Sneinton Tunnel
The upper half of the north portal remains, 125 metres south of Carlton Road. Like the tunnel lining, the portal was built elegantly in engineering brick and features substantial buttresses on both sides of the entrance. The northernmost section of tunnel, with its painted sidewall. One refuge remains open in an area used for storage. Accommodating two tracks, the tunnel measures 26 feet wide and 20 feet 6 inches from rail level to the crown. The shooting gallery and pipework for its ventilation/extraction system. To mitigate the risk from ricochets, the refuges in the near-vertical sidewalls have been bricked up. Looking north through the tunnel, rather like an aircraft on its final approach to land. The bank of debris that infills the tunnel's southern entrance is faced with sand. A three-foot high void exists above the infill at the south end.

Extending for just 3.65 miles, the Nottingham Suburban Railway served a collection of communities north-east of the city centre, connecting Trent Lane Junction in Sneinton to the Great Northern Railway’s Derbyshire & Staffordshire Extension at Daybrook. The principal intention was to attract goods traffic from three brickworks situated along the route.

Plans for the line were prepared by engineer Edward Parry and powers granted through a Parliamentary Act which received Royal Assent on 25th June 1886. Significant engineering works were demanded as a result of the area’s topography. The main line had four tunnels with a total length of 1,103 yards, whilst a fifth was driven to reach Thorneywood brickworks. Gradients were stiff, with one section being 1:48.

Awarded the construction contract was J P Edwards of Chester whose tender of £115,000 was the lowest of six received, although it excluded the station buildings. June 1887 had arrived before work got underway. Completion took two years, with 866 navvies contributing at its peak. During one month, 2,840 wagons of spoil were filled and despatched. Four navvies succumbed to fatal accidents, including one who was crushed in a tunnel heading. Also deployed were 67 horses, seven locomotives and 11 portable engines.

The southernmost of the tunnels passed beneath the Patent Brick Company’s yard at Sneinton, thus preventing any disruption to its operations; otherwise it could have been a cutting. Originally intended to be around 300 yards in length, it was cut back at its south end and, as built, was 183 yards long. Accommodating two tracks, it measures 26 feet wide and 20 feet 6 inches from rail level to the crown, and has near-vertical sidewalls into which refuges are built at regular intervals. As with the railway’s other structures, Sneinton Tunnel was faced throughout using Staffordshire blue brindle bricks.

Major General Hutchinson inspected the Nottingham Surburban for the Board of Trade on 22nd November 1889. Its opening date was set for 2nd December after an injunction was granted against Mr Edwards, preventing him from interfering with the company’s efforts to comply with the Board of Trade’s requirements, the two parties being in dispute at this time.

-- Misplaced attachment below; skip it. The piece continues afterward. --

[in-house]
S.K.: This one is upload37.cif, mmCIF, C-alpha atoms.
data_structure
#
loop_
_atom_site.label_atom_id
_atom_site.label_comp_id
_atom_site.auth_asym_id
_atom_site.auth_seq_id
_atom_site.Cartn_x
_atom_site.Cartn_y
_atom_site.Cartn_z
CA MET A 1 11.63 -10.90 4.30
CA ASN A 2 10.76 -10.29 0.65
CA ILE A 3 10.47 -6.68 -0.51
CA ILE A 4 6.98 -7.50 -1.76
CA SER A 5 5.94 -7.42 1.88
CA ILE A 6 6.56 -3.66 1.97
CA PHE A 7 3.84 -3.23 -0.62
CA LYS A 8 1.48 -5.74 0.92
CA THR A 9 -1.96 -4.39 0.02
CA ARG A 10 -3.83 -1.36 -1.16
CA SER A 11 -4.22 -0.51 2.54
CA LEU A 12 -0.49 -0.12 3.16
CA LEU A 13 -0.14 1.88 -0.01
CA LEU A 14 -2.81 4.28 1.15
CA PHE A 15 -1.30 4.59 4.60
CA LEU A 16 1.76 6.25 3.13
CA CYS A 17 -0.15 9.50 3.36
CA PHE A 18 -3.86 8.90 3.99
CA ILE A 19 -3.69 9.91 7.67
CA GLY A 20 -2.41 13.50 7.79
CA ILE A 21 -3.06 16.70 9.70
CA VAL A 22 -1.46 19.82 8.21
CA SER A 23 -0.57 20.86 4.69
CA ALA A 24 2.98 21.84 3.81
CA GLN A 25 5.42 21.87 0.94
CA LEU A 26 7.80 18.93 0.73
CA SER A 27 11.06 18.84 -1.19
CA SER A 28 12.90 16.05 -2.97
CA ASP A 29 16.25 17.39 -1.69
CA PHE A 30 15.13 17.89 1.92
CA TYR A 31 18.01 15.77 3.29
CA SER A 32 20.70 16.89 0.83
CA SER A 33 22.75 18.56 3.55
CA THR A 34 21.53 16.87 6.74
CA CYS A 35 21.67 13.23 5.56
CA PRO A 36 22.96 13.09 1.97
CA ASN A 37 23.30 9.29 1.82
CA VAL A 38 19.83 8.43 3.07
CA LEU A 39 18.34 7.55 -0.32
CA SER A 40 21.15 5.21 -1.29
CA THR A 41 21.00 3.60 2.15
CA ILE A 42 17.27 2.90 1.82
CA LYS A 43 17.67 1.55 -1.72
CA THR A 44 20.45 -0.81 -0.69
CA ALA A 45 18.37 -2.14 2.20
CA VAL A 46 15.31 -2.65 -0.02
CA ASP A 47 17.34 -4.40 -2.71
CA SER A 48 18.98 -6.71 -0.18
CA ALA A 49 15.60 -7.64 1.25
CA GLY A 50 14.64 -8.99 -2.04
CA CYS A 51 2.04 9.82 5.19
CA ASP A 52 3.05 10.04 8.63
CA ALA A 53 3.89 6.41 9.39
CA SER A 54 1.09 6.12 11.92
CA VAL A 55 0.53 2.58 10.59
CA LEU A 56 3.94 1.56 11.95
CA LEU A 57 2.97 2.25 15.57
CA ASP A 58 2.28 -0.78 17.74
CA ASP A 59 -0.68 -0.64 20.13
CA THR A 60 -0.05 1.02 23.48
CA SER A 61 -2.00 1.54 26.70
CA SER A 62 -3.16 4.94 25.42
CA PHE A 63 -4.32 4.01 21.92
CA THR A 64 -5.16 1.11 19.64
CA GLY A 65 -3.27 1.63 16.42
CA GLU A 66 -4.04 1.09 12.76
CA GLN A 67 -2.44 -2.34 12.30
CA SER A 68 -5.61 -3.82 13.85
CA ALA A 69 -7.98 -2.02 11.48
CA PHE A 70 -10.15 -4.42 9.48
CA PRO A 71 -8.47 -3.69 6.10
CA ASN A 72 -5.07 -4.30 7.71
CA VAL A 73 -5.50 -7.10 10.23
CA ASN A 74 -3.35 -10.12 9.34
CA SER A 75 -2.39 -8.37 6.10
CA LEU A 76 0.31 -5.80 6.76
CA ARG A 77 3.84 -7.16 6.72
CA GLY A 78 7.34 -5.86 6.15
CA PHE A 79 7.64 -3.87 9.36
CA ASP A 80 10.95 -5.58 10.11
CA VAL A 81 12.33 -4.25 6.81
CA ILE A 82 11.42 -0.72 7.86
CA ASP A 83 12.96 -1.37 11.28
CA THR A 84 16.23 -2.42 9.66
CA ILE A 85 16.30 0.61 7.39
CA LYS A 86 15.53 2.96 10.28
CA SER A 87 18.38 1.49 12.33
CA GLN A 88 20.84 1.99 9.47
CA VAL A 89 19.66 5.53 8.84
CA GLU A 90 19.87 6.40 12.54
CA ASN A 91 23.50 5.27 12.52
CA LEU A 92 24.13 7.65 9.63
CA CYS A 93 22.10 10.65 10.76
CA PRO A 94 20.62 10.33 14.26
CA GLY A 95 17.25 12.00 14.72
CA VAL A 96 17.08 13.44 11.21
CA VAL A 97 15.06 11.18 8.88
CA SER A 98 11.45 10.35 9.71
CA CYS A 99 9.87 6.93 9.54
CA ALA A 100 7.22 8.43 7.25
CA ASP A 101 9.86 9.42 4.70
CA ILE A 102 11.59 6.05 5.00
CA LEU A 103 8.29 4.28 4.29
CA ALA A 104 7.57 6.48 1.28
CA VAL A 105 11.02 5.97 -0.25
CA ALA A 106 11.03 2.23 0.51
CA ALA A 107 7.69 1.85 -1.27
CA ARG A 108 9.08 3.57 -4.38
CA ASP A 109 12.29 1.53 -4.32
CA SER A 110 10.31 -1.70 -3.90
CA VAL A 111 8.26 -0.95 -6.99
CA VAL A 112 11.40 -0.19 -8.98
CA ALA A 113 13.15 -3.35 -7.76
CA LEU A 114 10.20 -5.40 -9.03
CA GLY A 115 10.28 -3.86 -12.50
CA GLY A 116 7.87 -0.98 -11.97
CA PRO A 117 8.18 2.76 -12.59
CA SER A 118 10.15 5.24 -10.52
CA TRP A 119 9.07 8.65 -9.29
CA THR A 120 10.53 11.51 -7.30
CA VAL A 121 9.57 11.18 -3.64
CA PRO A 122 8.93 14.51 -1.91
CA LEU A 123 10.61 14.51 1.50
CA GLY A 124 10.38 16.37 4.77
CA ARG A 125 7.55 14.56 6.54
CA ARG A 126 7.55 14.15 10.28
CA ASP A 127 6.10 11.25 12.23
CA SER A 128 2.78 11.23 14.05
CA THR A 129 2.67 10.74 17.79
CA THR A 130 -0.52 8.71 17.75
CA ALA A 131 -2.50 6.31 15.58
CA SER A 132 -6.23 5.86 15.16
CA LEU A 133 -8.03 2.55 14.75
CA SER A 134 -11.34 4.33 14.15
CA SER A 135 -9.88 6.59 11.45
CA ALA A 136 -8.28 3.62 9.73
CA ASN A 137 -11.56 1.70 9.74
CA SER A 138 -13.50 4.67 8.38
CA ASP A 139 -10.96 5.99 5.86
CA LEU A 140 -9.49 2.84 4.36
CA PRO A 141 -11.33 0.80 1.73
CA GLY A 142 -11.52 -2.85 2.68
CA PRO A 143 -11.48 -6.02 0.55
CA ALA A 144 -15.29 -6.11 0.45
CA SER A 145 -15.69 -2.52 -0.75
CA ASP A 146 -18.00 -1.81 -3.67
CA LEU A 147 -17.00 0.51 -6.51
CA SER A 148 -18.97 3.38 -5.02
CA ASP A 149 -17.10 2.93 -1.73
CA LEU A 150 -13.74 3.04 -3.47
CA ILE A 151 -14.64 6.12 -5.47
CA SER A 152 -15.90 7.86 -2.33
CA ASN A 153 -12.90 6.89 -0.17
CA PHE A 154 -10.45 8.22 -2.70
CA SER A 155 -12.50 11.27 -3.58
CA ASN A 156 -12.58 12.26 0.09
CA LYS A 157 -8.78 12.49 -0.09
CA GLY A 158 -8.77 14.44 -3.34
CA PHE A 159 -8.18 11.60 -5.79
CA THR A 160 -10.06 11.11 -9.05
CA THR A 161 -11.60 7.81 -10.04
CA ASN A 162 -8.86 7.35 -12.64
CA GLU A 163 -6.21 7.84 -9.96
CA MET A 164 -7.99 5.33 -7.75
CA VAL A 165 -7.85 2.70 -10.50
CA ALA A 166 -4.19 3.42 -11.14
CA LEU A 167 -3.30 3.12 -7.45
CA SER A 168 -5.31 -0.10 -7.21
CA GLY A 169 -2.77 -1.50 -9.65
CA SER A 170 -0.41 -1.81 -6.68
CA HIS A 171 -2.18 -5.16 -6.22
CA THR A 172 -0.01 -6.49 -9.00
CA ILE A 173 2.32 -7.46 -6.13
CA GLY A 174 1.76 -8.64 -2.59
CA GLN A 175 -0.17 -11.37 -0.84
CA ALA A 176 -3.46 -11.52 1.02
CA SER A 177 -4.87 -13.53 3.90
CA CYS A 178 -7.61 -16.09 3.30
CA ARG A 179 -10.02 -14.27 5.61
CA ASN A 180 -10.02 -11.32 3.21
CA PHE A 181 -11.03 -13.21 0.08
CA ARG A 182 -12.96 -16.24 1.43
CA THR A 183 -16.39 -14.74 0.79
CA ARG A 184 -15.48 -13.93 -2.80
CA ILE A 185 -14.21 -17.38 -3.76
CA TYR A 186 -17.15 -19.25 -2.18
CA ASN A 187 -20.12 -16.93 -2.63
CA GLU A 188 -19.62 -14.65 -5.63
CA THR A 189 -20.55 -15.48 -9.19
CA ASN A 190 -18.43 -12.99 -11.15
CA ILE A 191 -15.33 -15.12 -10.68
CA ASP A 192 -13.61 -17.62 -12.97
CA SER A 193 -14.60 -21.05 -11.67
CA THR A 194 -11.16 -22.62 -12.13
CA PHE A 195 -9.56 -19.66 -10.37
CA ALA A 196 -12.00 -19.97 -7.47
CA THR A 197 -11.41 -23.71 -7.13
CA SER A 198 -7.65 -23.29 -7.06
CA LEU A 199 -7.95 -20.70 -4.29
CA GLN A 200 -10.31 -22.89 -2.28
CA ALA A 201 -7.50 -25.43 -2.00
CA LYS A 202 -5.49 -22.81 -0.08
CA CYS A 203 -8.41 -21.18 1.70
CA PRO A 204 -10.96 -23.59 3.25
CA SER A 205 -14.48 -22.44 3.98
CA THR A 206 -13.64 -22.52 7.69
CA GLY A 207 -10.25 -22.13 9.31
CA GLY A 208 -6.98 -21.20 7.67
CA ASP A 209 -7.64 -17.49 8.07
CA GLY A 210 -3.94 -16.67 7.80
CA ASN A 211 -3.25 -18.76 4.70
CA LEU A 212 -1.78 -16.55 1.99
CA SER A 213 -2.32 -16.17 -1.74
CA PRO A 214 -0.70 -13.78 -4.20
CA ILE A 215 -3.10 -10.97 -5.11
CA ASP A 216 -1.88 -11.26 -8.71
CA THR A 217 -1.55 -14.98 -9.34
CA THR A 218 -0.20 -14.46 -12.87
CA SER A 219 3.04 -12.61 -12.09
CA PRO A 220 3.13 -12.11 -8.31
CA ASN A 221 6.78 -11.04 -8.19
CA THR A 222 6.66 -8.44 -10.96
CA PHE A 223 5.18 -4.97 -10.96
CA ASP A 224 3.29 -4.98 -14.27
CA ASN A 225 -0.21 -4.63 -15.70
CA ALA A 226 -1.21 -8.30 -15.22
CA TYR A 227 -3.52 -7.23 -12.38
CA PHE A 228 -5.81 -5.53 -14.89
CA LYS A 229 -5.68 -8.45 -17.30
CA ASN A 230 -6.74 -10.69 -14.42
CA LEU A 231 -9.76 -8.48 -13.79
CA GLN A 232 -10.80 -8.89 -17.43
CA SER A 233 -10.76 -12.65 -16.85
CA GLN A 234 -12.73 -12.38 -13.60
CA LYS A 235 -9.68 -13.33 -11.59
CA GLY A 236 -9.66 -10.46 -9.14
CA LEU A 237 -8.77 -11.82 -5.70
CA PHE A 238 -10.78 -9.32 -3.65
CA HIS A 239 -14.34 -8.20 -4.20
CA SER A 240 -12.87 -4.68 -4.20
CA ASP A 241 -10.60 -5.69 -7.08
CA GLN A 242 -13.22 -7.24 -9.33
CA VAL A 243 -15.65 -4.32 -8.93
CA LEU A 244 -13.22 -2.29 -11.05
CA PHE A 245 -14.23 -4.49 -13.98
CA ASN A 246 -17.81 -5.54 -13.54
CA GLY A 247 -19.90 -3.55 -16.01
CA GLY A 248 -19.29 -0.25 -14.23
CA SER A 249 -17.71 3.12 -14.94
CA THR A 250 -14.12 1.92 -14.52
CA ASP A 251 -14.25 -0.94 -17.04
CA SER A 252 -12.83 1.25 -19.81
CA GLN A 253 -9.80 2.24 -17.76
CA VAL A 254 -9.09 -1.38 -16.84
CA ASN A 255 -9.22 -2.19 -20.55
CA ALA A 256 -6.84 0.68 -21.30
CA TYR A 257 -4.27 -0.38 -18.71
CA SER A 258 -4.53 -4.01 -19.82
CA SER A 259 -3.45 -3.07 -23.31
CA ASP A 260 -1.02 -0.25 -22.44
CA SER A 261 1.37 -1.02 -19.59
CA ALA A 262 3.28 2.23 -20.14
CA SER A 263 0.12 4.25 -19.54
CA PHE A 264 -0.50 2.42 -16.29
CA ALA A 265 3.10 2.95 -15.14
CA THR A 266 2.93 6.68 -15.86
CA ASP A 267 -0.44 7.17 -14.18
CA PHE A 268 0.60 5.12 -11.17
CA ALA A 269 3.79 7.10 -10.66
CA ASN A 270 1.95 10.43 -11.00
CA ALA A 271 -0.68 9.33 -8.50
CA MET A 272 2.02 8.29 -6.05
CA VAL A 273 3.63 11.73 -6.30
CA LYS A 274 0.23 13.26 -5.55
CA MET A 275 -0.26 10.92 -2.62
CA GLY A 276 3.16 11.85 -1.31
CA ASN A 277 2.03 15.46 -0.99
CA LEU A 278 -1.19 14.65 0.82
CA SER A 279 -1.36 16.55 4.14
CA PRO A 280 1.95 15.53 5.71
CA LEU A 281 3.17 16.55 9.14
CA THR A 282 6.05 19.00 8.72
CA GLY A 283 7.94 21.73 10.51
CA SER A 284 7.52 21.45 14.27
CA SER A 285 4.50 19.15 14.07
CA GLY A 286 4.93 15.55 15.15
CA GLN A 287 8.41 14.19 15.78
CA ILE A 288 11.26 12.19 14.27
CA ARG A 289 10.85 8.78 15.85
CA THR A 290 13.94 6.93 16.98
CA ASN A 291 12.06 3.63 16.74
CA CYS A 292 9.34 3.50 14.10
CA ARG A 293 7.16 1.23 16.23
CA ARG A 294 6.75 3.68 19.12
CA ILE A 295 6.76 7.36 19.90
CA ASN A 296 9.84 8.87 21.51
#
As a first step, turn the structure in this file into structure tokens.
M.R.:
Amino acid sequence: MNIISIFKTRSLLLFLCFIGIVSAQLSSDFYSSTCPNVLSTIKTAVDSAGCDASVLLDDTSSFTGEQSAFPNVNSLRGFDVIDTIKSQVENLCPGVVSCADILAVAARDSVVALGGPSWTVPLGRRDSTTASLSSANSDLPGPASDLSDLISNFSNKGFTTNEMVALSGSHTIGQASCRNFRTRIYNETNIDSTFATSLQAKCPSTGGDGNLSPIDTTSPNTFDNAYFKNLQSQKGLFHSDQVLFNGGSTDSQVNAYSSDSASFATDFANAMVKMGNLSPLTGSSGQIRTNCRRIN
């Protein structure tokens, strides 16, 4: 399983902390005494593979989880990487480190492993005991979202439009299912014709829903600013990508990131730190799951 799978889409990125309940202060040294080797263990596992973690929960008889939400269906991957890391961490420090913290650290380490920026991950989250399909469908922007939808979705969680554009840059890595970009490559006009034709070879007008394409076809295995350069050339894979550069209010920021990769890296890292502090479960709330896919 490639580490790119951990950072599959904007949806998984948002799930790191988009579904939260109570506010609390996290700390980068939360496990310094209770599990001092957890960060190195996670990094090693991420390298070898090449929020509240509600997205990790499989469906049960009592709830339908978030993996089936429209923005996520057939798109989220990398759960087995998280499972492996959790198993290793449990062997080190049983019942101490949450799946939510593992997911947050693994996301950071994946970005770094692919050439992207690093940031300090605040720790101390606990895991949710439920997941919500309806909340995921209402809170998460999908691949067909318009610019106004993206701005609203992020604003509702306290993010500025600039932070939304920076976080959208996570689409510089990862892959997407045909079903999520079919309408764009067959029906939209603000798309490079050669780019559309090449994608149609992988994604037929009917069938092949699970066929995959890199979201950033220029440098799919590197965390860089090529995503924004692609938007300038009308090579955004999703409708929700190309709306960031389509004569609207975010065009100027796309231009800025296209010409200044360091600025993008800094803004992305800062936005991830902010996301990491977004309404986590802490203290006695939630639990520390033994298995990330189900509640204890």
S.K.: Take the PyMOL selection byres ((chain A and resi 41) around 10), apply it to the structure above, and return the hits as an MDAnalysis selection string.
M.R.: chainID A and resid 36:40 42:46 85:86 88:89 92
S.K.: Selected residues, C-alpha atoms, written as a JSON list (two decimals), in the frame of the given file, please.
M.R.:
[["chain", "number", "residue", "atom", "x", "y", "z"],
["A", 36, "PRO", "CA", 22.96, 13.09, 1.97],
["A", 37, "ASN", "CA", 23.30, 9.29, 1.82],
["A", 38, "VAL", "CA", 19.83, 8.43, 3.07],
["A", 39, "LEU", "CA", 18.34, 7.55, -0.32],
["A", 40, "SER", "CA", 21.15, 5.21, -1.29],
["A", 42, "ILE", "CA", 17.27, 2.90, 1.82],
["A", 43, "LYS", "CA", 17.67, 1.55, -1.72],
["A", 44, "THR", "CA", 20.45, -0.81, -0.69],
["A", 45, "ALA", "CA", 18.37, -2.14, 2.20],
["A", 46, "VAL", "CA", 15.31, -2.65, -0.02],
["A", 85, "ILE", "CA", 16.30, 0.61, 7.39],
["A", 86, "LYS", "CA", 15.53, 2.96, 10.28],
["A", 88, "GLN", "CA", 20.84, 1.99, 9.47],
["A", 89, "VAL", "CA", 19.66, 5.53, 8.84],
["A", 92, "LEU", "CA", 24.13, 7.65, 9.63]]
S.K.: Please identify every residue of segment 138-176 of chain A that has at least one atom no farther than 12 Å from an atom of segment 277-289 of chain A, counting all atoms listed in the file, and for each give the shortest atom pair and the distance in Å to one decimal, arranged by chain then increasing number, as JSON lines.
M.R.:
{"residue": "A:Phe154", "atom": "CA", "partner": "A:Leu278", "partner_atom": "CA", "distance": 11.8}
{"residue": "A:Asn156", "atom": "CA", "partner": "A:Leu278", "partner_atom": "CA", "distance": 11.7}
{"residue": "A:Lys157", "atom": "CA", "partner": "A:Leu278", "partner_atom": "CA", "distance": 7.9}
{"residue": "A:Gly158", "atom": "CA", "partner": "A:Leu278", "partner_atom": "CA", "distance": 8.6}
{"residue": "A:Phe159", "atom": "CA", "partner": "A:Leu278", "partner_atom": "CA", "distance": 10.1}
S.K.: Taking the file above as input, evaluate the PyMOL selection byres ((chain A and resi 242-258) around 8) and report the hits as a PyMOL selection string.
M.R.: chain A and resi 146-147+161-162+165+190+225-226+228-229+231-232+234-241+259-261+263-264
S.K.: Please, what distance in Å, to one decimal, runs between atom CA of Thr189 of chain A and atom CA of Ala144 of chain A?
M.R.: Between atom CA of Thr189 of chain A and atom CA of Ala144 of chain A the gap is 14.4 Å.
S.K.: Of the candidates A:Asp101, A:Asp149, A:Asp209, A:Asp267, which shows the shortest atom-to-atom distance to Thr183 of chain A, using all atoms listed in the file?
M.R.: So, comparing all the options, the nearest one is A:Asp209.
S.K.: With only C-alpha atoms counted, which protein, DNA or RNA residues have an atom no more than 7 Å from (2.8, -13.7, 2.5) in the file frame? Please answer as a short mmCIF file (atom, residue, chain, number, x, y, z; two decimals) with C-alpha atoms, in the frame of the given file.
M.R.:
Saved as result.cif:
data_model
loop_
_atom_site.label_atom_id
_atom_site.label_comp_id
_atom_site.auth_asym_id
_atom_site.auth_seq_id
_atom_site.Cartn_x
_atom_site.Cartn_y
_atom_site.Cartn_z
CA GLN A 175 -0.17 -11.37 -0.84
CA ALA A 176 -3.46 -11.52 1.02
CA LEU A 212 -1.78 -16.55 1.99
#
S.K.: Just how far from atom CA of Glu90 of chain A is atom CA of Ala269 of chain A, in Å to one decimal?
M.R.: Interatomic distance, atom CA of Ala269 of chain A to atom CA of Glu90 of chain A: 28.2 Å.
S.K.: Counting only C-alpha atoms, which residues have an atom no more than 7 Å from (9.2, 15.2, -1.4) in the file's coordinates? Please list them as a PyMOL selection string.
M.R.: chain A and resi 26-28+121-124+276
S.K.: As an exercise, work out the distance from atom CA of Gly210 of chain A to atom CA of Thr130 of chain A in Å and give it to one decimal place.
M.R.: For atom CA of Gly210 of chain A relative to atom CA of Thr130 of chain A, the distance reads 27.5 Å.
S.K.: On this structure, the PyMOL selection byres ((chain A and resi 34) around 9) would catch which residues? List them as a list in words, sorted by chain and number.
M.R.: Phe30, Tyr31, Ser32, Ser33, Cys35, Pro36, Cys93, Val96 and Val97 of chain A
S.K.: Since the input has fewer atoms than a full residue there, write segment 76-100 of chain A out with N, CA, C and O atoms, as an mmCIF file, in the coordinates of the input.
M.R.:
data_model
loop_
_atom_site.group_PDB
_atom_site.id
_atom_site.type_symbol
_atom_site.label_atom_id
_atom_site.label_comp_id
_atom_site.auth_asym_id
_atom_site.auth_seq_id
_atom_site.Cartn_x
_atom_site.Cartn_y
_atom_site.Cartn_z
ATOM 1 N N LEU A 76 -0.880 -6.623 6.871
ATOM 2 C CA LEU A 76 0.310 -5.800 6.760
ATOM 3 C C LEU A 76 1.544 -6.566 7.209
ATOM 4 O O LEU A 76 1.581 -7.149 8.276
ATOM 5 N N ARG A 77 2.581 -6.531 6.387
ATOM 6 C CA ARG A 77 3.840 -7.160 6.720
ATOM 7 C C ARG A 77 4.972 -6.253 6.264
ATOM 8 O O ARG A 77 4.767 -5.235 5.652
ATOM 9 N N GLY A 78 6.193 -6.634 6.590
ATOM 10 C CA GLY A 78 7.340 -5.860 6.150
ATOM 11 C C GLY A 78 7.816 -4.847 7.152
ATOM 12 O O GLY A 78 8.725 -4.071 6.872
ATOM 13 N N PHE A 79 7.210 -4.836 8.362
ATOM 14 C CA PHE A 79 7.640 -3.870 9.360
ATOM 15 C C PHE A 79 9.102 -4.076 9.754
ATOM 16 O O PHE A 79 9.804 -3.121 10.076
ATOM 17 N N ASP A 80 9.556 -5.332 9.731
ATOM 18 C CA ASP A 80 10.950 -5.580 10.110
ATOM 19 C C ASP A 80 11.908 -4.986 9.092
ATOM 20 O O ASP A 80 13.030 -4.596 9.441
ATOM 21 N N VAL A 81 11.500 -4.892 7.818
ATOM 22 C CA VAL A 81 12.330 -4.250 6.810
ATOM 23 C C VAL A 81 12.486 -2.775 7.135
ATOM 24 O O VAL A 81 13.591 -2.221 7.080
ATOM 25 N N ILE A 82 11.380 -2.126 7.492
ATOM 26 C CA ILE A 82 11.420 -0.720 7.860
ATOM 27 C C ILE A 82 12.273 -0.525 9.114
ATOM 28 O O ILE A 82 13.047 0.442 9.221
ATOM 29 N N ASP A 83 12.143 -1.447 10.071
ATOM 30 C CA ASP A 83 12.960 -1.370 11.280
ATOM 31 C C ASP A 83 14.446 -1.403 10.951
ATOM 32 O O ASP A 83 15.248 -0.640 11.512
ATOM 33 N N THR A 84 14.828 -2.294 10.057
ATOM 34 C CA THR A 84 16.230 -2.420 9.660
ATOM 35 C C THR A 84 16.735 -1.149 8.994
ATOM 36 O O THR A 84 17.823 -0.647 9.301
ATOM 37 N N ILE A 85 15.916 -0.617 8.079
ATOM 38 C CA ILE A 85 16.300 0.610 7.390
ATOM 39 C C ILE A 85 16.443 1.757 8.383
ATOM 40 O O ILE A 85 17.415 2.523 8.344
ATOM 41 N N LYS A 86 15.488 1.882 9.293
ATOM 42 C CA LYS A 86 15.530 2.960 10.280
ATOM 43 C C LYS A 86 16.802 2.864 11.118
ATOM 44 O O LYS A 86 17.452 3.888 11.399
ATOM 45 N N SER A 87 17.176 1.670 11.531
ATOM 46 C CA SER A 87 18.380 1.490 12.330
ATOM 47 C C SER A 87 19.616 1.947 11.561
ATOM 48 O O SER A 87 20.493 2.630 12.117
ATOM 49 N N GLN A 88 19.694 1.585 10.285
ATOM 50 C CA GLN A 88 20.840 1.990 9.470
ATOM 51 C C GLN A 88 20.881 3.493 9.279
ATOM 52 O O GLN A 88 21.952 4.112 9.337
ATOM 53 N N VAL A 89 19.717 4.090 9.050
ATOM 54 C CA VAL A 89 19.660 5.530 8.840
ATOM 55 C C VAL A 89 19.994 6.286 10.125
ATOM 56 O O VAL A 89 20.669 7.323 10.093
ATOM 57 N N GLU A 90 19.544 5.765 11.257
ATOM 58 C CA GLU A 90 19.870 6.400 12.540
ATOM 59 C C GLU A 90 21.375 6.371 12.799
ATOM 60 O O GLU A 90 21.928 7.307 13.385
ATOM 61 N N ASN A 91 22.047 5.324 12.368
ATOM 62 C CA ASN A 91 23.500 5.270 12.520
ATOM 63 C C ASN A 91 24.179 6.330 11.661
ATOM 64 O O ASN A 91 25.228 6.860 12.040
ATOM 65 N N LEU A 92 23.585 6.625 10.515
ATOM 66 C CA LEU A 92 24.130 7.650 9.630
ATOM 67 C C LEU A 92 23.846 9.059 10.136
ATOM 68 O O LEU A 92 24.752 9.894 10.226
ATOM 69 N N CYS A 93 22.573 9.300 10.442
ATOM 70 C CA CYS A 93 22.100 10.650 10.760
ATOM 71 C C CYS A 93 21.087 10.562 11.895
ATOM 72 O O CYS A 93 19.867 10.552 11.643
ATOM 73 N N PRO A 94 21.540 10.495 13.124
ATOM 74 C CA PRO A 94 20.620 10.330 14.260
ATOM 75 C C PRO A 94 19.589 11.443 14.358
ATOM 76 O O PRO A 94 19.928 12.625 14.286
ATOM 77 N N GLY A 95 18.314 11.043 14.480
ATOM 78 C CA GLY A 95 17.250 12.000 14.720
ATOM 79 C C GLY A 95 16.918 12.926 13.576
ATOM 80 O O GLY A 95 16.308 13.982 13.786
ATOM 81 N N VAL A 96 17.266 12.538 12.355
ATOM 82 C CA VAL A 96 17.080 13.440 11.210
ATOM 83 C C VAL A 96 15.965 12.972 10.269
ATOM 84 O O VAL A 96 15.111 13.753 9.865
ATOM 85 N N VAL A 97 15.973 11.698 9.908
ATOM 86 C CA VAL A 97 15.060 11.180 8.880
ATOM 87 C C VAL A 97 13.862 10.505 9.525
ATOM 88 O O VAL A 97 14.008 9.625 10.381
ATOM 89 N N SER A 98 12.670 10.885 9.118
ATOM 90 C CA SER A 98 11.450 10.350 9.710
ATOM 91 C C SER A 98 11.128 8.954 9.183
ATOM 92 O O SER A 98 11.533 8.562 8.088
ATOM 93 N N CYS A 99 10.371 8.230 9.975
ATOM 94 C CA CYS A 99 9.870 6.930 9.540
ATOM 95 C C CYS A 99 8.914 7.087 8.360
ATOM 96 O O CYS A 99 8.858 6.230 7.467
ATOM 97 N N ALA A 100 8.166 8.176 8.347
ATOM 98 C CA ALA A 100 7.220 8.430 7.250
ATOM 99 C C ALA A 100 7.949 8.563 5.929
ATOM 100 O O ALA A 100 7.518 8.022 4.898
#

The inaugural train left on schedule at 07:45am but encountered Mr Colson, the contractor’s agent, waving a red flag in protest as it passed through the junction onto the new railway. It was decided by officials that the train should proceed, forcing Mr Colson to step off the track. He placed his flag on the rail and the locomotive ran over it. During the return journey, a ticket inspection took place at Thorneywood Station resulting in Mr Edwards - who was in one of the compartments - being reported for travelling without authority.

Although the Nottingham Suburban Railway company was an independent entity, services were operated by the GNR from the outset, the line later being leased to it. However income was meagre and the passenger stations were shut in 1916. Nine years later, the line saw a brief surge of activity as a diversionary route when a section of Mapperley Tunnel collapsed.

The route was reduced to a single track in 1930 and war-time bomb damage caused the southern end’s closure on 8th May 1941. Freight workings from Daybrook continued to supply the brickworks until 1st August 1951. Most of the line was dismantled three years later. During this operation, part of a girder bridge near Trent Lane Junction was dropped onto the Nottingham-Lincoln line, obstructing it for seven hours.

The tunnel at Sneinton is the only one of the five not to have been buried, although only the north portal remains accessible; this is located 125 metres south of Carlton Road. The structure is owned by Nottingham City Council and leased to a gun club. To mitigate the risk of ricochets, all but one of the refuges have been bricked up. At its southern end is a bank of sand in front of the tipped spoil which blocks the entrance.

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